The IIFF national outreach was held in February 2017 in the culturally vibrant provinces of Matabeleland.
The outreach began in Bulawayo with great audience anticipation at the National Gallery of Zimbabwe Bulawayo, Stanley Hall Makokoba, Percy Ibbotson Rehabilitation Center and Bulawayo Public Library. AISHA, a Tanzanian film about gender-based violence, at the NGZ’s John Knight Cinema had over 60 people who engaged in a spirited discussion on how our African societies still are culturally not in a position to fully engage with victims of abuse. The audience that spoke after the film noted that the unfolding events in the film were no different to how people in the communities where they are would react in a similar situation. Tempers were high following the short film MAMAN about polygamous relationships even. With some men supporting the actions of the male character as “cultural practices” the discussion wouldn’t end and had to be cut short.
Our next screenings in high-density Luveve at Percy Ibbotson centre were hampered by cyclone Dineo. This is a rehabilitation center for troubled youths and we had a limited number of mostly youthful adolescent boys. The boys found the film screened Ilungelo a very entertaining albeit thought provoking film and soon after the film a thoroughly lively debate took place facilitated by MWF Fortune Tazvivinga who co-ordinated the screenings. Views that were expressed by the boys included the way men in society take advantage of vulnerable girls and how poverty can arm twist families to selling off their girl children to parasitic older men who are meant to be the protectors of these families in society. The other screenings in the city center at the Bulawayo Public Library also had smaller audiences but with some lively discussions. The film watched was Elelwani and in contrast to the film screened earlier this one showed a young woman who had to make a choice to choose cultural norms over her dream career. This film drew the ire of the largely male audience who then went on to bring out statements such as the way women are the ones who are responsible for each others misery.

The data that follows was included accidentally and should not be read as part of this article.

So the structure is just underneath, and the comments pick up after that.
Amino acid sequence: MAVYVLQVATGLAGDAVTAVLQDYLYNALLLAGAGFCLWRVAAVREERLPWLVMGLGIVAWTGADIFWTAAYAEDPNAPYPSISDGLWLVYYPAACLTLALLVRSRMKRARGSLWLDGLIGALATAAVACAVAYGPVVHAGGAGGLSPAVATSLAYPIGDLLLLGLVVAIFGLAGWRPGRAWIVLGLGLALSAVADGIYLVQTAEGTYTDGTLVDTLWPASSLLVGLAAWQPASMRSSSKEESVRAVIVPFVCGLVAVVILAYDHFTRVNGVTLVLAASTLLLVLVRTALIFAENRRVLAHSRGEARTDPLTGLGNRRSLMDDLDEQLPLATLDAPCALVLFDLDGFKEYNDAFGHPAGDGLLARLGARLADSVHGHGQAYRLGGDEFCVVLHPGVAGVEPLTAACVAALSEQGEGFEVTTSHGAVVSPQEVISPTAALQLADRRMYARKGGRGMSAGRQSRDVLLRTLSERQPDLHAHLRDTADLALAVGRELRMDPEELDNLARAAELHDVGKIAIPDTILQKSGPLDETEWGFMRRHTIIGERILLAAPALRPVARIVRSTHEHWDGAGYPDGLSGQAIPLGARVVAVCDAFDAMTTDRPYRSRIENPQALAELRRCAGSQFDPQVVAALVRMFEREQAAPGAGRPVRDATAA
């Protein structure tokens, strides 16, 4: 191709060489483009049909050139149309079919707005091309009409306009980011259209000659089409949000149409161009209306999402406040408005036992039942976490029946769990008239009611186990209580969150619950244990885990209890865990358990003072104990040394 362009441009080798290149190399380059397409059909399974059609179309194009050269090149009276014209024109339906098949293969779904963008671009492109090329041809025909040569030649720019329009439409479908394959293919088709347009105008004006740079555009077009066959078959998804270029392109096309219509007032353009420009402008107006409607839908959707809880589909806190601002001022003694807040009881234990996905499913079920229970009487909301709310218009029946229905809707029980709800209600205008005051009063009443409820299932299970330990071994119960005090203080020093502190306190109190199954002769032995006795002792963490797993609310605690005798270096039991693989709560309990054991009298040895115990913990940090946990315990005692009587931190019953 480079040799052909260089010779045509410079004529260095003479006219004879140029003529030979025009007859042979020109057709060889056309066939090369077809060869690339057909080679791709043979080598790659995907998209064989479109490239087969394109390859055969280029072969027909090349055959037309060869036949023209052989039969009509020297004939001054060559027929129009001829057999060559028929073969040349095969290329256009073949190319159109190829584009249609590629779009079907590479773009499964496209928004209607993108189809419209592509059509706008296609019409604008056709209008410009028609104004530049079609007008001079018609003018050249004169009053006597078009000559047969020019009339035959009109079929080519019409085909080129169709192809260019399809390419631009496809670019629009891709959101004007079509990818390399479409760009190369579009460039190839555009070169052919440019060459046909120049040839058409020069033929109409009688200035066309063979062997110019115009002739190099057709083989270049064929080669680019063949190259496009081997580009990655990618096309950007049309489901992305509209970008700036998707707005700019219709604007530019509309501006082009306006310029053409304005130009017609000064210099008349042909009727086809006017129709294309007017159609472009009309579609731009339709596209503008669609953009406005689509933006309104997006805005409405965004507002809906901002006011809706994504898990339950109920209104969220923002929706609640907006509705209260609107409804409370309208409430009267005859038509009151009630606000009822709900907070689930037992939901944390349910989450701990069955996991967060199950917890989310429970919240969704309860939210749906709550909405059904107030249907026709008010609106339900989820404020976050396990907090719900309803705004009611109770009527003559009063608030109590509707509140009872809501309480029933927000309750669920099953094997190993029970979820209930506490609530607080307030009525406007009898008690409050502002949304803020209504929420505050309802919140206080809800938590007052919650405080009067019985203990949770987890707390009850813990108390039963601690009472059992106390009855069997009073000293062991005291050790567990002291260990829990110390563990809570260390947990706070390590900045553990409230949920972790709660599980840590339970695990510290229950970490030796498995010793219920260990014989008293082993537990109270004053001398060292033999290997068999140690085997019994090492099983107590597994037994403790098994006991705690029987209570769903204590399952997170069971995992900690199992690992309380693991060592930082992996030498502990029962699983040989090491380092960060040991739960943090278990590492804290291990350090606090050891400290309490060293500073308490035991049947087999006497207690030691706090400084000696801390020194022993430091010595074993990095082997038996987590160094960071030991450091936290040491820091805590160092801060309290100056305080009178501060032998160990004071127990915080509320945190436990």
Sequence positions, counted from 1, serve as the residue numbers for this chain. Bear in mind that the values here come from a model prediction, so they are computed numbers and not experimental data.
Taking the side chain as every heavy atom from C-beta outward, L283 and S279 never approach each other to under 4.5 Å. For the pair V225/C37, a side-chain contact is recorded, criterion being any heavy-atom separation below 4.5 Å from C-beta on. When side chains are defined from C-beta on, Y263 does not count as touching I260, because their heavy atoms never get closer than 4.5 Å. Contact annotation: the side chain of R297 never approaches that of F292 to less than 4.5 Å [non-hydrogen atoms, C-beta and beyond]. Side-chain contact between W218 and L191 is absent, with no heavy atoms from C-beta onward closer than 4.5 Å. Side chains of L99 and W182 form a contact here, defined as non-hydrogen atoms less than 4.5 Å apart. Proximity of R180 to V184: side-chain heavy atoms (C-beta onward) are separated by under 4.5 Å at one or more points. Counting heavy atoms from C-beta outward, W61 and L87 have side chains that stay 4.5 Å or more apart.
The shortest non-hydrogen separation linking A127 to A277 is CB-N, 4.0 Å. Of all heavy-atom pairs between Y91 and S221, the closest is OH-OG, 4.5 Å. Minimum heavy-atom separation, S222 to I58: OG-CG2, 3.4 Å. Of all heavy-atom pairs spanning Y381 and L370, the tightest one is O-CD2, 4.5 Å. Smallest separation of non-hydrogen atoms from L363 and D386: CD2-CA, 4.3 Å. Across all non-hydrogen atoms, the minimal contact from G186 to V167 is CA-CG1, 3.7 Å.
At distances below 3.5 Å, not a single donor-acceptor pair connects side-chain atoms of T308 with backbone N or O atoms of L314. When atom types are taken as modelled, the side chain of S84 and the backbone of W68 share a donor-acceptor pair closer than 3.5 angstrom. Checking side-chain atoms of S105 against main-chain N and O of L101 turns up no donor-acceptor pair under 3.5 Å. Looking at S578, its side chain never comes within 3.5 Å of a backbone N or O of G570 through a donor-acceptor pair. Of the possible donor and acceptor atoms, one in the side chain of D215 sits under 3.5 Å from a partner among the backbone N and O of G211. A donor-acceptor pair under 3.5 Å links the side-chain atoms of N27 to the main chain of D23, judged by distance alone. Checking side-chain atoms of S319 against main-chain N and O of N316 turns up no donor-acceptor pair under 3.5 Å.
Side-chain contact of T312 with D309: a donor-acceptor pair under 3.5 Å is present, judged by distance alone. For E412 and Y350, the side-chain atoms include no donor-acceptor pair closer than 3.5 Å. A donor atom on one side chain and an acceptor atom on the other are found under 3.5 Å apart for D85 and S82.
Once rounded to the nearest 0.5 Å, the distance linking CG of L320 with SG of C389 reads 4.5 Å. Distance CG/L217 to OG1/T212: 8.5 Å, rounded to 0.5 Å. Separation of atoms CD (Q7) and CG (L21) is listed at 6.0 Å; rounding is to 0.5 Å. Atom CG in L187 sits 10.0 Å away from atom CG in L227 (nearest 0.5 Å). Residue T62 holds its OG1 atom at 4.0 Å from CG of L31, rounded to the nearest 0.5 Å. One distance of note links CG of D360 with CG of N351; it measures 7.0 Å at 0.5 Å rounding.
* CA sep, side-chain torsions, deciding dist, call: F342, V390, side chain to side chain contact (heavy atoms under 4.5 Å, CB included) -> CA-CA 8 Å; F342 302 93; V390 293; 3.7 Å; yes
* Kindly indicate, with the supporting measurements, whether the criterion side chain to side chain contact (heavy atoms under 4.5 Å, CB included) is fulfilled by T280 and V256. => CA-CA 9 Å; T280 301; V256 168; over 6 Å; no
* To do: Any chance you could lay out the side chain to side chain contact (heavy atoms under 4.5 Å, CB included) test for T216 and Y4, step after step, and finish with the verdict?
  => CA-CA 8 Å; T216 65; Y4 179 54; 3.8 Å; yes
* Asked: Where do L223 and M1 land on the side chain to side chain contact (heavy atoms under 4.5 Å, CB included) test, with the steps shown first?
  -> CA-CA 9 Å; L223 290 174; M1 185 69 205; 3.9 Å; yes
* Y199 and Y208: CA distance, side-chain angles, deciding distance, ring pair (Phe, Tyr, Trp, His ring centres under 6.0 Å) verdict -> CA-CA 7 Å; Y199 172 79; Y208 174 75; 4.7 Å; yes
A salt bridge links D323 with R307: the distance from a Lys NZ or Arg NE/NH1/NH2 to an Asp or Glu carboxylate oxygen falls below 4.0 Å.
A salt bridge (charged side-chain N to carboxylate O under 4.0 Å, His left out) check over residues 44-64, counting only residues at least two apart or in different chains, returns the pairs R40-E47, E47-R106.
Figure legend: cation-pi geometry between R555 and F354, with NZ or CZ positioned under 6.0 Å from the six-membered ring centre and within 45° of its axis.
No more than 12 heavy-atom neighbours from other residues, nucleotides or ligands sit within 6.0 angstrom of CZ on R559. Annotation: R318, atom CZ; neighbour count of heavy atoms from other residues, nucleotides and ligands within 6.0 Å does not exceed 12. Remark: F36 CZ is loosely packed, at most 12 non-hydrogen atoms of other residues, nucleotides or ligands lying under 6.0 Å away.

Next days’ screenings at Amagugu International Heritage Centre (AHIC) in Matobo District in Matabeleland South were facilitated by founder of the centre historian Phatisa Nyathi. When the villagers were convinced that the cyclone rains were over, audiences increased and the film Ilungelo was appreciated with it’s story of empowering the girl child through education. It was also felt that the film highlighted such relevant points as understanding the cultures and values of African societies and not just dismissing them as backward.
Next stop was Binga, for the last and most exciting leg of the national outreach. This was the 5th time that the festival came to the rustic border town, home of the mostly Tonga speaking people. And they were ecstatic again about IIFF. Our local partner organisation Zubo made sure that all our screenings in the communities of Manjolo, Donga, Samende and Siachilaba were a success. But first all films had to be screened for the District Council, Ministry of Women's Affairs, Gender & Community Development, Caritas and DDF. The local film Lyamweena Gonta produced in the Tonga language was particularly appreciated.
And the audiences loved the program ! Rural Siachilaba Centre saw audience of over 200 per screening from the whole community as well as very spirited discussions.
At the end of the outreach there was a unified call for IIFF to return......with haste.